Heroic struggle and resistance: Anti-fascist spirit in Banat 1941–1945

National liberation struggle, organized resistance and courage: A look at the anti-fascist movement in Banat during the Second World War. An investigation of the geographical, political and social conditions that shaped the struggle against the Nazi occupation, with an emphasis on the role of partisan units, local cooperation and the challenges of the lack of war materials. A depiction of the heroism and sacrifices of young fighters in the fight for freedom and justice.

Echo of memories: Testimony about childhood and the anti-fascist struggle in Banat

Dejan Bošnjak provided a statement about his childhood and perspective on the antifascist struggle. He was born on September 1, 1933. He was a teacher in Zrenjanin and surrounding areas, engaged in journalism, a chronicler, and a great connoisseur of the Banat plain.

I must first tell you that Banat is very special for the Serbian and all other peoples living in it. I won't list now all the famous people born and worked in Banat. The same goes for the People's Liberation Struggle. This region produced a huge number of fighters and many true heroes. I have to say that I was small at that time and it looked different to me then, but when I grew up a bit, I put it all together and connected it. Before the start of World War II, my father, Ljubomir Bošnjak Bata, was often called for military exercises, more often than others. You see, he had a special treatment because he worked in a railway workshop with a German, a communist, Servo Mihalj (Mihael), who, like my father, was left-wing, a man of progressive thinking. The state constantly kept an eye on such people. That's why Bata decided to move from his native Melenaci to Taraš, which was secluded from all main roads, and start a windmill there. During the April war, my father was captured, but he escaped from the Topovska šupa camp, returned to us, and settled in Taraš afterward, milling grain in the mill, as before. He was informed about events, but of course, I was not. I remember that there were between thirty and sixty soldiers in Taraš and that they prevented my father from milling grain into flour, it was reserved only for the Germans. I was not aware of all the battles and events, for example, I learned about the events that took place on the Bošnjak's farm only after the war, but I remember well the terror and the terrible winter of 1941-1942. We didn't see such snowdrifts often, and the temperatures dropped unusually low. That winter, the Germans discovered and wounded Milan Stančić Uča in a brickyard in Kumanovo. He escaped to the house of a Taraš resident, was soon arrested, and handed over to the municipality. The SKOJ (League of Communist Youth of Yugoslavia) members tried to save Stančić, but that attempt failed. Stančić was killed that winter. My father gave a lot of money to Špiler to save the lives of some of those SKOJ members. I remember during the arrests the Germans were in our house, my mother baked fish for them, we were all quite scared. I saw Špiler once again in 1944, but I'll tell you about that later. I would tell you an interesting story about Dobrivoje Živkov, called Dobra. He was a prominent communist, a blacksmith by profession. He knew my father from the railway workshop, and they were good friends. I remember that in 1942 he was hiding in our house. Shortly after that, Dobra was arrested and put on a train. I know that they had previously collected red aid, i.e., funds that would be used by the partisans in the fight. That's why my father went to investigate the situation and try to find out if Dobra had said anything to the Germans. Bata then boarded the train on which Dobra was being transported under guard. He traveled for a while, pretending that he was going to do business. It wasn't easy to reach Živkov because he was well guarded. However, my father caught the signal he sent him. Namely, Dobra took off his hat, lowered it toward his neck, nodded his head; he signaled to him: "I will give my head, but I will not betray you." Since this journey lasted, the train had already reached Melenaci. When the guard asked him where he was going, my father said he was going to buy a cow. Now, what happened at that time in our house? My mother was worried because my father had been gone for several days, she went to a fortune teller who told her that he was coming home and bringing something with him that went on four legs. The next day my father came home with a cow. Dobra Živkov was taken to a camp and shot in 1944. They said afterward that he could have escaped, but he didn't do it because of possible retaliation against his brother's family. I remember well the blockade of Taraš in 1944. In July, the Germans set up a machine gun on the windmill and completely blocked the village. I was still very young, I was just starting high school; that's fifth grade elementary school today. Some German soldiers who were angry with Špiler for taking them out in such heat asked me if people talked about war and politics. I pretended to be ignorant even though I read newspapers every day and looked at the map of Europe. All this happened because Žarki, Zeka, and some others attacked a group of border guards. Prominent villagers, I remember, were taken out and lined up in front of the church.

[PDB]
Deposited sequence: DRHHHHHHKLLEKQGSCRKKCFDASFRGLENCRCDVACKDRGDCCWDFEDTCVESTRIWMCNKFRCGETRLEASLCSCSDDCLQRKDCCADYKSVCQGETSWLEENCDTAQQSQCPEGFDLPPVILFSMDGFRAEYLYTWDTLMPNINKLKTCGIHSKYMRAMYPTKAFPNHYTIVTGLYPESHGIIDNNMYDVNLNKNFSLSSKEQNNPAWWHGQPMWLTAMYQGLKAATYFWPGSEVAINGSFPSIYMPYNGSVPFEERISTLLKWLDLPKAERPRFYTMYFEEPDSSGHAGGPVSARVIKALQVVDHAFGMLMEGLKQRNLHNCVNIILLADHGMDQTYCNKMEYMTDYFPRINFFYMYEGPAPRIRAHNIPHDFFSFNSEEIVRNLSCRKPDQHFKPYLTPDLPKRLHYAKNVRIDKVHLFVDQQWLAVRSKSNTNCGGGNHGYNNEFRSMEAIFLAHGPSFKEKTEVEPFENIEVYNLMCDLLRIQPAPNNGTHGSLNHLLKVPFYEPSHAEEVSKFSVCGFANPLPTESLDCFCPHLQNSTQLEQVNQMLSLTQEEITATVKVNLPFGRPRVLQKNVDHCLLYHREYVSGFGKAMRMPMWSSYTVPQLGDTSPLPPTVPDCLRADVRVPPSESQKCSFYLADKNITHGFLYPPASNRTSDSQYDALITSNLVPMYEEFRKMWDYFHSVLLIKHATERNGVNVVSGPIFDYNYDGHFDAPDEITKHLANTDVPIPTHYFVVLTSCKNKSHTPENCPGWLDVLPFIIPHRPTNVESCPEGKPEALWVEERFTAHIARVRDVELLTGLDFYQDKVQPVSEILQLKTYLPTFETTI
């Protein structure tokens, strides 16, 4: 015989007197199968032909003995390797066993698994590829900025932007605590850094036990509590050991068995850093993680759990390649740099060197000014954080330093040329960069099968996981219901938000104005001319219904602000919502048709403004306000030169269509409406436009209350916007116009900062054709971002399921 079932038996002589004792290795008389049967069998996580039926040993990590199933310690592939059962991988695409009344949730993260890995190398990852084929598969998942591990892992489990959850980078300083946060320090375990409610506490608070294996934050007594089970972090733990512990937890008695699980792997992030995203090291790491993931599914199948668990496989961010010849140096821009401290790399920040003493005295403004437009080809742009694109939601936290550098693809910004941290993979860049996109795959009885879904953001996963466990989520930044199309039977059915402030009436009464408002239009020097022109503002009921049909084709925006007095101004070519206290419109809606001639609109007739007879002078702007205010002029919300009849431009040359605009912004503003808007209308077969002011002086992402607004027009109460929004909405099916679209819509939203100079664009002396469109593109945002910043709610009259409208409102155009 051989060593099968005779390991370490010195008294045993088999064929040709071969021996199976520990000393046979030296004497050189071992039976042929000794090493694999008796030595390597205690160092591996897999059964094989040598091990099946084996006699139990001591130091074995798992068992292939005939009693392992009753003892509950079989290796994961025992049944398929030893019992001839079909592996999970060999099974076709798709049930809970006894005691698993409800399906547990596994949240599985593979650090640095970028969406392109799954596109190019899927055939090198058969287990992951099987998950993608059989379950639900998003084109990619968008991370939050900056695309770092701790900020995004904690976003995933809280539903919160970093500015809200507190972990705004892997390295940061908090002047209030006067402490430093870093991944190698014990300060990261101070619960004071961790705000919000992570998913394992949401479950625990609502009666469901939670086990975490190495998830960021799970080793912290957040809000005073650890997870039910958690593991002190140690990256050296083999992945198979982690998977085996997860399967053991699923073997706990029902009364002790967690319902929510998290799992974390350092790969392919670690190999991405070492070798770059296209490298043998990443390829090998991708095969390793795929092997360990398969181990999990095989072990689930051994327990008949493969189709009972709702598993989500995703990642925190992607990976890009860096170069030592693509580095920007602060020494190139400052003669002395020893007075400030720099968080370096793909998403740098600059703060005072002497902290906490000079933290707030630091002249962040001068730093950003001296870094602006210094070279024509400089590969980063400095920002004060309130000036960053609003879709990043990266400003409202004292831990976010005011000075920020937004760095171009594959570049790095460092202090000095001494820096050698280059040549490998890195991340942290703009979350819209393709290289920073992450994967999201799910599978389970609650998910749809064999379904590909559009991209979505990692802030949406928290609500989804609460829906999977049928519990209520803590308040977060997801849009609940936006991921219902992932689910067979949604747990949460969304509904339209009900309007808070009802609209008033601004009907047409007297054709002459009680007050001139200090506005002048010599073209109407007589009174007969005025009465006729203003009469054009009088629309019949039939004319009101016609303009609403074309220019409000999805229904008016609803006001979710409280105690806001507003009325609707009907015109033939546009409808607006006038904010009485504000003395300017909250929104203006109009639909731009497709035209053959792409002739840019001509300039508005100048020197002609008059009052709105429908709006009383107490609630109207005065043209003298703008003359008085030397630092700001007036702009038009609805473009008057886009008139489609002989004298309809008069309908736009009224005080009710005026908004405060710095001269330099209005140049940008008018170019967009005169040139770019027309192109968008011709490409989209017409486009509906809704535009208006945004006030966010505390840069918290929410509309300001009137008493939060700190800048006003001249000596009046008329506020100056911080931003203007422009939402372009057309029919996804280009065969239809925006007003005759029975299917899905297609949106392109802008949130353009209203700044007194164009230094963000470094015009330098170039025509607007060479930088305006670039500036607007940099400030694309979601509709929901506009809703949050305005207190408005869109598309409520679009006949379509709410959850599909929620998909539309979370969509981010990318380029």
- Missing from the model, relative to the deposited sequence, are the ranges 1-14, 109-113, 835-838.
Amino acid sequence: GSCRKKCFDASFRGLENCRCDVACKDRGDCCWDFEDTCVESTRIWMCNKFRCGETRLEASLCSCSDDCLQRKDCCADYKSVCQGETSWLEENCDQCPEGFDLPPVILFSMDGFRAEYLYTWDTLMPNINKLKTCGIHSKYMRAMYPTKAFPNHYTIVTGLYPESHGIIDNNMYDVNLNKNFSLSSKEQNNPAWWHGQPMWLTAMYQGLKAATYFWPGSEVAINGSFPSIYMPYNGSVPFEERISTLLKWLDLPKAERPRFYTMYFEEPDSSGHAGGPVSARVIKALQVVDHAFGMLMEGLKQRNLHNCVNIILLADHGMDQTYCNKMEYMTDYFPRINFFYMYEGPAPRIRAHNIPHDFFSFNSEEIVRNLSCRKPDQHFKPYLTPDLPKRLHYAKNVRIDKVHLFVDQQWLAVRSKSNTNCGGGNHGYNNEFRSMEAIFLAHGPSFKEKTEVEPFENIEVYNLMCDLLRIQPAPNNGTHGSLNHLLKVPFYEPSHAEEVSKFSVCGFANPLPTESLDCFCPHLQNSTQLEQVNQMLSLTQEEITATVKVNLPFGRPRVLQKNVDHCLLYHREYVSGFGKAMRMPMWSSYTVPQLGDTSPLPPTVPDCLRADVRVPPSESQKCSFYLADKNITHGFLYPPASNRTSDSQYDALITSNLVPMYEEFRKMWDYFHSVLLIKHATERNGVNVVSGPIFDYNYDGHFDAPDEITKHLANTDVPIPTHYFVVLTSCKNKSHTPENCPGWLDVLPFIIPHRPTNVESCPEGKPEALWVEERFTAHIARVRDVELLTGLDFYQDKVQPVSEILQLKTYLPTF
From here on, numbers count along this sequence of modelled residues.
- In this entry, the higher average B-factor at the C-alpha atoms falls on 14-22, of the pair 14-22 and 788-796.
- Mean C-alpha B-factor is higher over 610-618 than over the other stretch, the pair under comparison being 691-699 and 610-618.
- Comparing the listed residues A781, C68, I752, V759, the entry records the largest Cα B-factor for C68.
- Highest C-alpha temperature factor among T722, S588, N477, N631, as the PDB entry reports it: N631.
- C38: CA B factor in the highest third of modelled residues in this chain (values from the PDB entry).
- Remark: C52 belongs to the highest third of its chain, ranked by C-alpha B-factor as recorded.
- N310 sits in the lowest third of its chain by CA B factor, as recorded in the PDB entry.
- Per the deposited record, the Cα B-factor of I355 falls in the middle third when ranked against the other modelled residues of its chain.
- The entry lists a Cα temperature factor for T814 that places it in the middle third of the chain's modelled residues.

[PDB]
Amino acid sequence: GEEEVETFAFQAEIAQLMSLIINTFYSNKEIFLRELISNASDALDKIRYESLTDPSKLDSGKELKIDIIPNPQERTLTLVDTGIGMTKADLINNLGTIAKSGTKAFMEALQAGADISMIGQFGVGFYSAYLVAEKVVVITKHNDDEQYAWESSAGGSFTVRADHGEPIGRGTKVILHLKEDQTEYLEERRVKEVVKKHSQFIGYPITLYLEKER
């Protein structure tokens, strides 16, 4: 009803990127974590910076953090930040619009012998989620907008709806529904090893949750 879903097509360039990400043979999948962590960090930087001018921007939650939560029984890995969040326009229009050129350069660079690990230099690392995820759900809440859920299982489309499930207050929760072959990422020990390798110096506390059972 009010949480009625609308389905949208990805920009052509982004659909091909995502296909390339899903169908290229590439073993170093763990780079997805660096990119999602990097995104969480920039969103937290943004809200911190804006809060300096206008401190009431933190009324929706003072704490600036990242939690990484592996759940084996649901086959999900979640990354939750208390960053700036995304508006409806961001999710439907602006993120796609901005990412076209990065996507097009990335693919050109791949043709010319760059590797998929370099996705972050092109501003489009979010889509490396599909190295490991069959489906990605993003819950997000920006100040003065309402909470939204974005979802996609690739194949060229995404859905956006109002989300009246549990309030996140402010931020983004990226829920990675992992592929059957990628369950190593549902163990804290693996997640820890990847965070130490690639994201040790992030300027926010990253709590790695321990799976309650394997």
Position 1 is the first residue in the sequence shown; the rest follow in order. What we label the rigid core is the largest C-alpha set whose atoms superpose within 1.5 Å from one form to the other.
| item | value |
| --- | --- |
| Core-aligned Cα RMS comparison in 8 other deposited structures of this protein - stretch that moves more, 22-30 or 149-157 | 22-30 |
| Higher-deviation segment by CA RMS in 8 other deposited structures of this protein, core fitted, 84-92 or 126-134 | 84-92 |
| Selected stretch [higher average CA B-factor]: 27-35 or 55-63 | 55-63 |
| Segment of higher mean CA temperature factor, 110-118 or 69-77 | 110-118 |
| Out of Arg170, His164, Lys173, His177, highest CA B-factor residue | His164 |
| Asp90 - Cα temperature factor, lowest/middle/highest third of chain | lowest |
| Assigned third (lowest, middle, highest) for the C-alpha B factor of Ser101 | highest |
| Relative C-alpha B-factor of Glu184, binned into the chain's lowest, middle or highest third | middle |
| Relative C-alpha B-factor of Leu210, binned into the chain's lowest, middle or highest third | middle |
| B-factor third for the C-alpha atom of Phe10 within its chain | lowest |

Juraj Špiler, whom I saw for the second time then, approached Father Toma and asked him loudly, "Are there any bandits in the village?" The priest replied, "Mr. Doctor, these good people are burdened because their land remained on the other side of the Tisa, they are not involved in politics. As a spiritual being, I vouch for you with my beard, and if that's not enough for you, as a man, I vouch for you with my head." Fortunately for us all, none of the many bases in Taraš were discovered. Later I learned that food for the partisans was actually coming from the windmill, and the "subašes," field guards, were responsible for its distribution. From that period, I remember the story of the young man I mentioned earlier. His name was Nedeljko Barnić, but they called him Žarki. Špiler hated him; it was said that Žarki had hit him with his last strength in the groin, so Špiler ordered the exhausted young man to be tied up and buried alive. I remember the Russian soldiers well. They were cheerful and liked to play with children, they showed us guns and let us smoke cigarettes. After the war, we moved to Zrenjanin, which got a new name in 1946. As I said, my perspective changed over the years, for example, when I was younger I thought all Germans and Hungarians became our enemies. When I matured, I realized that wasn't the case after all, many of our neighbors, Hungarians, did not betray anyone, and there were many communists among the Germans. Good examples of this are Servo Mihalj and Peter Polinger. That man never renounced the Germans. While he was in prison, he often told his guards: "Future generations of Germans will be ashamed of what you are doing now." After the war, I learned more about Žarko Zrenjanin, Koča Kolarov, and all the other young men and women who gave their lives in the People's Liberation Struggle. It was a difficult time that we must not forget.